With her government still reeling from the public’s decision to kill the HST, Premier Christy Clark said Wednesday she is backing down from her goal to have an earlier-than-scheduled provincial election this fall.
Instead, the B.C. Liberal Premier says she will stick to a legislated fixed election date – meaning British Columbians will not go to the polls until May, 2013, and Ms. Clark will govern more than two years without a direct mandate of her own.
“I’ve listened to a lot of people on this subject and what has changed in particular over the last while is the international financial situation and the instability we have seen flow from that,” Ms. Clark said in an interview with The Globe and Mail. “And the people I’ve talked to have told me that they don’t want the instability that would come from an election.”
The Premier has notified Lieutenant-Governor Steven Point that she would like to bring politicians back to Victoria on Oct. 3 to open a new session of the legislature.
As recently as last Friday, Ms. Clark had refused to rule out an election this fall. But in the interview Wednesday she said the increasing instability of the global economy began to change her thinking.
The move comes just five days after the defeat of the unpopular HST, which saw voters in more than half of provincial ridings held by Liberal MLAs vote against the tax in a referendum.
Putting off an election allows Ms. Clark to avoid a confrontation with an increasingly grumpy electorate that has recently turned on established parties. The last federal election saw both the Bloc Quebecois and Liberal Party annihilated. The same voter frustration with traditional political institutions was at the root of Rob Ford’s triumphant run for mayor in Toronto last year.
Dalton McGuinty’s Liberals face an uphill battle getting re-elected in the upcoming Ontario election – one of six provincial and territorial elections slated for this fall.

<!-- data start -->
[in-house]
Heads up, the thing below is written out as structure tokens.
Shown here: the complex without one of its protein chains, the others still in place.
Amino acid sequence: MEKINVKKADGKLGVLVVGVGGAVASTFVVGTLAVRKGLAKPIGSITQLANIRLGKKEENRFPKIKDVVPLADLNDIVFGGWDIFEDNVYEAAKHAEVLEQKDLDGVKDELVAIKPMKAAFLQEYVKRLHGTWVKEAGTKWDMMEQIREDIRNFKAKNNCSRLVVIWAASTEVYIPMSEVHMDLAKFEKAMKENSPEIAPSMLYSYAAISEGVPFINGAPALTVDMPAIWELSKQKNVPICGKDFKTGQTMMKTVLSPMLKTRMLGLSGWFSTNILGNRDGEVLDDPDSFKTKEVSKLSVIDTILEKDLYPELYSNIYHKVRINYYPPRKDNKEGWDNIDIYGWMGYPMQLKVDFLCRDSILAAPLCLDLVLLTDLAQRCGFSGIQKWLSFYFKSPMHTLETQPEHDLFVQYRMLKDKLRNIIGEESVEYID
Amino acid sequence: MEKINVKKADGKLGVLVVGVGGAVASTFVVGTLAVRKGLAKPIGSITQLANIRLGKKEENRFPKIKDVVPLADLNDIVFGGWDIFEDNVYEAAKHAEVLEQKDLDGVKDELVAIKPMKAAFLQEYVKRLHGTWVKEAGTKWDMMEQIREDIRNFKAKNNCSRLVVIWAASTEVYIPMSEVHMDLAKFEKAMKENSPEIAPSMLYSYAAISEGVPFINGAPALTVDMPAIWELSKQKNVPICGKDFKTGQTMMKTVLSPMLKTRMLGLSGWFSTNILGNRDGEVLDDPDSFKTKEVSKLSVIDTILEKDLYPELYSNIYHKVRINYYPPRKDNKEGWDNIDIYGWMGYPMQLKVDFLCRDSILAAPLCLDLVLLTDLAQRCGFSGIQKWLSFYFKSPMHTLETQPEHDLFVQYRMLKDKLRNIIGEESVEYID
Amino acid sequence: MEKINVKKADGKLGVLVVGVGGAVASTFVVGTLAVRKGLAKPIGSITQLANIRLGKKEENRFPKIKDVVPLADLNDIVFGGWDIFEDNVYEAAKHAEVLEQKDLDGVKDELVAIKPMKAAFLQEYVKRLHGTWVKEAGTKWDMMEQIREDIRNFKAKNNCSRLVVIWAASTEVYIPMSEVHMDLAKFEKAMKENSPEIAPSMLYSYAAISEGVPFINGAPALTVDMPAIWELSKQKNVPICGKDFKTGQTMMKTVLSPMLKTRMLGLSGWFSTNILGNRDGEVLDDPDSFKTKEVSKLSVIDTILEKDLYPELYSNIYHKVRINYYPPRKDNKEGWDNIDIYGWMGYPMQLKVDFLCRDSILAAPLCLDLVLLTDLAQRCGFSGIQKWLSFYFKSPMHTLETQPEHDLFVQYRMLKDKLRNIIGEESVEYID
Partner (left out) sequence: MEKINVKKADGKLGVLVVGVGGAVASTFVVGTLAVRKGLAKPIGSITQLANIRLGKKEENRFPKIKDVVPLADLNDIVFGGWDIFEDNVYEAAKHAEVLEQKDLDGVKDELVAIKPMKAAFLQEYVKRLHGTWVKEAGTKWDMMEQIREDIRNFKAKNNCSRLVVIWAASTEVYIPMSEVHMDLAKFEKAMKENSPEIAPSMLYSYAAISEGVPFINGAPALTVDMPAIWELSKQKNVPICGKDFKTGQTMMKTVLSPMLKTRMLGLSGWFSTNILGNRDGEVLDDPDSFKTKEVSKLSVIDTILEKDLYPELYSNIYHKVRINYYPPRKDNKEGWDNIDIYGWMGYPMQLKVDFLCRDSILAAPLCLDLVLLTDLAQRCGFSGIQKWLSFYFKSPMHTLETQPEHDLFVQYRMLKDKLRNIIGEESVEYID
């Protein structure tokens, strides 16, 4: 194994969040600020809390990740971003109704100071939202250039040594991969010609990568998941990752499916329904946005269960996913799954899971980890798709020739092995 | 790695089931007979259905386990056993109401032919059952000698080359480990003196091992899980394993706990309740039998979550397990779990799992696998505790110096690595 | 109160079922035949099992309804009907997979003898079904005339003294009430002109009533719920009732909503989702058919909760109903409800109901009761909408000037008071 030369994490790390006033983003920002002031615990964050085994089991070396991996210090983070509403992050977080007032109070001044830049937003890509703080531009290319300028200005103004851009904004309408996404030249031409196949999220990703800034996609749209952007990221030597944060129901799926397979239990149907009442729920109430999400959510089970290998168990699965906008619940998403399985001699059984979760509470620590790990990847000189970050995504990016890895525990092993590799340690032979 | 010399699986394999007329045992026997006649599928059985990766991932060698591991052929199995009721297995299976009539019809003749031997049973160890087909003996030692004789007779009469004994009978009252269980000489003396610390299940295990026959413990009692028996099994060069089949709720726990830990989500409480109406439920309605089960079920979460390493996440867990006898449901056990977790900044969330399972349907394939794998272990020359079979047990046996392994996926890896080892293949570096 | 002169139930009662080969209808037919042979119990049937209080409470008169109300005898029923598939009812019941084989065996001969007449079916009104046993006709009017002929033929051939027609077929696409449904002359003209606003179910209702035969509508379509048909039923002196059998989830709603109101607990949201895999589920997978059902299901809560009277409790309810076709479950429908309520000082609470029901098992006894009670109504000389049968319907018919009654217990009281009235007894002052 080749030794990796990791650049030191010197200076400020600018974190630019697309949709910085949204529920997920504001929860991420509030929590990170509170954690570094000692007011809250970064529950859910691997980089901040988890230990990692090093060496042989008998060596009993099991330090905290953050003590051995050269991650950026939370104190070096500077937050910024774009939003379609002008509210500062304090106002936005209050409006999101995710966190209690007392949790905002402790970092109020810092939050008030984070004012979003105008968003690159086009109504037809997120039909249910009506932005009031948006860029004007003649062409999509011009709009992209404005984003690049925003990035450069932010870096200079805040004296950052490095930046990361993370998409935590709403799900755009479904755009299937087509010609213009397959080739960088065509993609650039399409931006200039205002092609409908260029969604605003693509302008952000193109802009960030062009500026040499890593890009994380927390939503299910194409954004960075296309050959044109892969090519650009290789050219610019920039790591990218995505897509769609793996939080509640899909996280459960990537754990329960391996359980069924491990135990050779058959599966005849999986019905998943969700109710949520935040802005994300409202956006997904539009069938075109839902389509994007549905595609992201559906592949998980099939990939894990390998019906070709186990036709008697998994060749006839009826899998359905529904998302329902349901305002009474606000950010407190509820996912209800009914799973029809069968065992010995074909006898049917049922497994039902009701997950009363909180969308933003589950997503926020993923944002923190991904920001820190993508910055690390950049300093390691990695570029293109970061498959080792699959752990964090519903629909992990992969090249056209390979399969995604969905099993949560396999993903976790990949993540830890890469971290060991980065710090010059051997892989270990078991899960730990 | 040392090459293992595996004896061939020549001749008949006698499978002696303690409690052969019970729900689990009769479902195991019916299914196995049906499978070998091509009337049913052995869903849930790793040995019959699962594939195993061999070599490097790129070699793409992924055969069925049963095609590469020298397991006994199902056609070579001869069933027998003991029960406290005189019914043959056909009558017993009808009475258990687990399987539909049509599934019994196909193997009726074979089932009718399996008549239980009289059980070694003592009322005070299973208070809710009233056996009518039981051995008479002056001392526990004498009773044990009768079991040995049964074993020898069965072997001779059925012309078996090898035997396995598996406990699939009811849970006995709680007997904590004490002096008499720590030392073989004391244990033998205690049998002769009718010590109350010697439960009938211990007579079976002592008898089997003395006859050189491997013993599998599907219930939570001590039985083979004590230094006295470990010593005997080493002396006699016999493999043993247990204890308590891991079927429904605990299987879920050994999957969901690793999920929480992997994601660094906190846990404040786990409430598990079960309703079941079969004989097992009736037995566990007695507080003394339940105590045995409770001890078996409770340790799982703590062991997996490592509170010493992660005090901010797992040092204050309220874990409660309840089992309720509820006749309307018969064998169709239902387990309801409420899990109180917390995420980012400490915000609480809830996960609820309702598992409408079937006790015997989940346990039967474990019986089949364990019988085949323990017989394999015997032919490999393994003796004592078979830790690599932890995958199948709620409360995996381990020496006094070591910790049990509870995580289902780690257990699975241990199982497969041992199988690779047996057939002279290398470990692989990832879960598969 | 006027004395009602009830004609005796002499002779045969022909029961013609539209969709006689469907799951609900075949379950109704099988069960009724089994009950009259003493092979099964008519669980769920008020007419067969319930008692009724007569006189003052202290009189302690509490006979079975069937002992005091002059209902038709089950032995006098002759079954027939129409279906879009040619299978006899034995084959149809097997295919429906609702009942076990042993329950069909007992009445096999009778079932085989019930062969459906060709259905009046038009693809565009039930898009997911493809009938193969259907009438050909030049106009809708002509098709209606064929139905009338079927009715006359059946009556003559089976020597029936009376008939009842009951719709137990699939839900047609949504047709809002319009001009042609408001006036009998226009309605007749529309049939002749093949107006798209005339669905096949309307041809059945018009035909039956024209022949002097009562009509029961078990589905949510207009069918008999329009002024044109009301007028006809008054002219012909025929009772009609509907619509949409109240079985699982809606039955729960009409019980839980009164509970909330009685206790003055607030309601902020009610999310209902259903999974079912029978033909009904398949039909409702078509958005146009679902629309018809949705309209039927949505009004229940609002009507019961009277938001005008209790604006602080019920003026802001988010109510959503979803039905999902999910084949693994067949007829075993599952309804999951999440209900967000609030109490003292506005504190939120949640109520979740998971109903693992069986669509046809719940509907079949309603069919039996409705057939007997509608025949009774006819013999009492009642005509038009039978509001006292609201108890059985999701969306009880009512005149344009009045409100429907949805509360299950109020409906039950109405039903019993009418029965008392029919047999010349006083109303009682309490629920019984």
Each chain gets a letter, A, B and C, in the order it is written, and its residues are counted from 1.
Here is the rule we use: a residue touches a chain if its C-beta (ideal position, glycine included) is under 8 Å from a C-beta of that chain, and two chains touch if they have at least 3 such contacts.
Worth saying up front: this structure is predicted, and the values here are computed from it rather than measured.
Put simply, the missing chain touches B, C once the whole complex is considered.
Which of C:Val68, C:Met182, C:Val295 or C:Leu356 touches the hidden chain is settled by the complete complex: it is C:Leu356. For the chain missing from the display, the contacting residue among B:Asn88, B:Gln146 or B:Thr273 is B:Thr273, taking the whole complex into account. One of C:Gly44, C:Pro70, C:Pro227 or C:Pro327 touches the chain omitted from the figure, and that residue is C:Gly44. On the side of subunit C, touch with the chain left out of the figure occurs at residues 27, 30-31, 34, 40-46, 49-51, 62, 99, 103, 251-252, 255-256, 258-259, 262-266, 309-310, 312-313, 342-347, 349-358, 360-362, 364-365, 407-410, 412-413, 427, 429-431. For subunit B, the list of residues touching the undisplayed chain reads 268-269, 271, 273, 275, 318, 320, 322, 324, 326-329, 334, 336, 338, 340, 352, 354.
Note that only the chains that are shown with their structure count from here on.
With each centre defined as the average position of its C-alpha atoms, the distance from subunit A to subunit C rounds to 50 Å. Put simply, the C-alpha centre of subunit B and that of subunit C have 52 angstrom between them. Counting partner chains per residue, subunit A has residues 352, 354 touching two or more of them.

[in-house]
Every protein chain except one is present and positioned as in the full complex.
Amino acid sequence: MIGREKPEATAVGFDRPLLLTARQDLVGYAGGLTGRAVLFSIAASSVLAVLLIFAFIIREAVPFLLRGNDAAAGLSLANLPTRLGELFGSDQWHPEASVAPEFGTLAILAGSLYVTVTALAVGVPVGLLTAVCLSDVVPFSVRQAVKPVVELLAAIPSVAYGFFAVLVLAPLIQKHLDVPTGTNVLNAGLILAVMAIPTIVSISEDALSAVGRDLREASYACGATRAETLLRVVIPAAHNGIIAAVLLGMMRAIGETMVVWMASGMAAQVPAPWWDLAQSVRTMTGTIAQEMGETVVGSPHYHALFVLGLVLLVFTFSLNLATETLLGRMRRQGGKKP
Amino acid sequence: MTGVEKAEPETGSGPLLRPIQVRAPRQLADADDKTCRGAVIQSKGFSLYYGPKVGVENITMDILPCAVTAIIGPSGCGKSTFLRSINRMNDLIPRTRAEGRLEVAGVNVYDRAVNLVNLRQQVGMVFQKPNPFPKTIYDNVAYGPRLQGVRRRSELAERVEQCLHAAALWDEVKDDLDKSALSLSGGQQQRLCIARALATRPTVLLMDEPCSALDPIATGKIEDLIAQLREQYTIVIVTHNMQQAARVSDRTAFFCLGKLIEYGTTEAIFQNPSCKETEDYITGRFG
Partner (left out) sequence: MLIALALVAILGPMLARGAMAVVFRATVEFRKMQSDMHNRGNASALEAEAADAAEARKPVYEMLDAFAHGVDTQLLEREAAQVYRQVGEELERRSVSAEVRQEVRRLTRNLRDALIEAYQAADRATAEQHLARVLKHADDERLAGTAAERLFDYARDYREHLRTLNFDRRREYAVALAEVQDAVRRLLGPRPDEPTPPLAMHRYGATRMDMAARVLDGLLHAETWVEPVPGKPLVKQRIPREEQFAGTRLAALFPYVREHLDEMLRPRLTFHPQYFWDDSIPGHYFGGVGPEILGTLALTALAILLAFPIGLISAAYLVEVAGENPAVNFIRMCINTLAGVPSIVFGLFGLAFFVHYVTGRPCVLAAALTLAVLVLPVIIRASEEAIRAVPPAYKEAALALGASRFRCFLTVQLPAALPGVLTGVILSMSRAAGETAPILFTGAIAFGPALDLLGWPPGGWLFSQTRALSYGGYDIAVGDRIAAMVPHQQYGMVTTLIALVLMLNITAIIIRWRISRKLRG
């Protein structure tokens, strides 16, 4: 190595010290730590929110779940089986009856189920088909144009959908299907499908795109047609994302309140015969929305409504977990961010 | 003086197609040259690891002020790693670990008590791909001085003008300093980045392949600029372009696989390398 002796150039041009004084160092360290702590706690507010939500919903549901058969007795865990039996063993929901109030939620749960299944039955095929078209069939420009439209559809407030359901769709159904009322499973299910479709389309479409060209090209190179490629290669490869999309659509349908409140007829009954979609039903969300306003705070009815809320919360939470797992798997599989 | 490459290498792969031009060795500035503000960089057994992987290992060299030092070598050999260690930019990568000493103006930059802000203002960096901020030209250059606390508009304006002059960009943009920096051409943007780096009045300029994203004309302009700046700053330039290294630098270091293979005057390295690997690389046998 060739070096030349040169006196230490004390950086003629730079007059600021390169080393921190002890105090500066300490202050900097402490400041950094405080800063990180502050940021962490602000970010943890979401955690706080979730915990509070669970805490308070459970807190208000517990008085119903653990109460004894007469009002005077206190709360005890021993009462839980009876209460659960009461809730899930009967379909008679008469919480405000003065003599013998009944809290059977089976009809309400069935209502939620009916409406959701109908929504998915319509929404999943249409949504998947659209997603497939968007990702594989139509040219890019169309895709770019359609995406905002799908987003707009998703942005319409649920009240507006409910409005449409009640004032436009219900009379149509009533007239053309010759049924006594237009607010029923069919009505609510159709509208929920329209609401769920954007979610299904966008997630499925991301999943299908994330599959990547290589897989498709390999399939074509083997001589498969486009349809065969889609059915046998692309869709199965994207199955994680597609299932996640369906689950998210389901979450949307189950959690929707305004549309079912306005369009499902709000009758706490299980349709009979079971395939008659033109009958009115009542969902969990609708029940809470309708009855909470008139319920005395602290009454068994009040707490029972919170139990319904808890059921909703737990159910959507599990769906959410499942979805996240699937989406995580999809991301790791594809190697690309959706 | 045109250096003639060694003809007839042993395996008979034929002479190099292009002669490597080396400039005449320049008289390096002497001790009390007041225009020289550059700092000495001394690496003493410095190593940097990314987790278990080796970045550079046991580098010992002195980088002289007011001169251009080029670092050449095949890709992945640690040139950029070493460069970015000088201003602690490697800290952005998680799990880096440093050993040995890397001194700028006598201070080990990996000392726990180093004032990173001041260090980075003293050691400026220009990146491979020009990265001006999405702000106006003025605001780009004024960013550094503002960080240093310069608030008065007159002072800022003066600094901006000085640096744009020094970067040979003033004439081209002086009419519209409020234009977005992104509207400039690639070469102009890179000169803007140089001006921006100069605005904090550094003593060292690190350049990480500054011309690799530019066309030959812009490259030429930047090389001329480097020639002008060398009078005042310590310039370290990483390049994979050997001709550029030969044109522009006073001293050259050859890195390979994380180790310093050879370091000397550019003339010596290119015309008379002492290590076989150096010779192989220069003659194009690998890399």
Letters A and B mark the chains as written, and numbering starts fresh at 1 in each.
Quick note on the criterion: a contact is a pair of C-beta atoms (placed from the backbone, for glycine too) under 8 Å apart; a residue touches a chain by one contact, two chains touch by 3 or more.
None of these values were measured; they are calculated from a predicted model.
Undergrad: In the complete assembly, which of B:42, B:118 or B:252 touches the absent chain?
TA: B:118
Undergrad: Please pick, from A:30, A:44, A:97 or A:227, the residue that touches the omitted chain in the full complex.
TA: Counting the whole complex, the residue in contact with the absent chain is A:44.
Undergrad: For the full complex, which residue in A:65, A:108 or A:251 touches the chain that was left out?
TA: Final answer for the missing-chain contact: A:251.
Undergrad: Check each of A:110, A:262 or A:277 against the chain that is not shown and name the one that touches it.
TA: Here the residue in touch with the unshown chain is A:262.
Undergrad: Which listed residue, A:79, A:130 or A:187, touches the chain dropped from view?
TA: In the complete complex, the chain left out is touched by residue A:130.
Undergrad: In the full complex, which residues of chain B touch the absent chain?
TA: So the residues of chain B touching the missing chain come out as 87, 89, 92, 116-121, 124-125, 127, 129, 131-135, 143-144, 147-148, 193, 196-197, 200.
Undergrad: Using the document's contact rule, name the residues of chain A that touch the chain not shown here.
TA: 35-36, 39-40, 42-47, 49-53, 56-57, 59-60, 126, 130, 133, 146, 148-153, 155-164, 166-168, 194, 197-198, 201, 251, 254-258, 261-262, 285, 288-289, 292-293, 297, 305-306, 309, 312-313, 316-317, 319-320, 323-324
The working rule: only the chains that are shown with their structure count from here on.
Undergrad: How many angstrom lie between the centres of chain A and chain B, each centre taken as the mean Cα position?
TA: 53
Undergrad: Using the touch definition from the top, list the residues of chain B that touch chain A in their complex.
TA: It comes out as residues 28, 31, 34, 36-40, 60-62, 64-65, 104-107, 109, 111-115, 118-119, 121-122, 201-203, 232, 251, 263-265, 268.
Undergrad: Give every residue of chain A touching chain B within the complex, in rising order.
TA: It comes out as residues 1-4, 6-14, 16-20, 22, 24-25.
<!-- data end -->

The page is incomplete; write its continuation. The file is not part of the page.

When she was elected Liberal Leader in February, Ms. Clark said she only had a mandate to govern from party members and not the public at large. Back then, she was flying high in the polls, and seeking a fresh mandate ahead of the fixed election date in 2013 seemed like a good idea.
But the first six months of Ms. Clark’s time in office have not been the smoothest of rides, and some of the glow from her victory has definitely begun to dim. The Liberals – a coalition of federal Liberals and Conservatives – have seen polling which shows that the race between them and the NDP now is a statistical dead-heat at best.
In fact, a new poll by Canadian Press Harris-Decima out Wednesday indicates that Jack Layton’s death has triggered a wave of NDP support across the country. In B.C., the poll shows federal New Democrats with 40 per cent, compared to 34 per cent for the Conservatives.
It’s difficult to imagine this phenomenon not having a spillover effect on the provincial scene.
NDP Leader Adrian Dix said Wednesday Ms. Clark’s decision has nothing to do with her listening to the public and everything to do with seeing a looming loss. “She was going to call an election and the only thing that was going to stop her from doing so was her polling results,” he said, adding that the move “shows a government that is out of ideas and out of gas.”
Ms. Clark said she is adhering to the wishes of the public. “Look,” she said, “I did say I wanted to seek an earlier mandate. But I don’t think there is necessarily anything wrong with a politician listening to people and taking their advice. And that’s what I’m doing here.
“I think there are merits on both sides of this question – going early or waiting. But what I’ve heard from certainly thousands of people, and the feeling is pretty universal, they don’t want an early election. So there isn’t going to be.”
But the delay in an election is not without risks. It will give Mr. Dix, who has been opposition leader for just over four months, more time to introduce himself to British Columbians. And putting off the vote will give the B.C. Conservative Party – not a branch of the federal Tories, although their supporters overlap – the chance to further grow in strength under the direction of John Cummins. The long-time Tory MP is the most high-profile and effective leader the moribund party has had in years and now poses a legitimate threat to the Liberals’ right flank.
If Ms. Clark does indeed govern until the spring of 2013, it means she will have served just over 26 months without a mandate from the population at large. That is not a record. Harry Strom served as the premier of Alberta for 33 months without winning a general election.
Ms. Clark conceded that among those who did not want an early election were members of her own caucus. “But there were some who did, so I’d say the opinion from caucus was mixed.”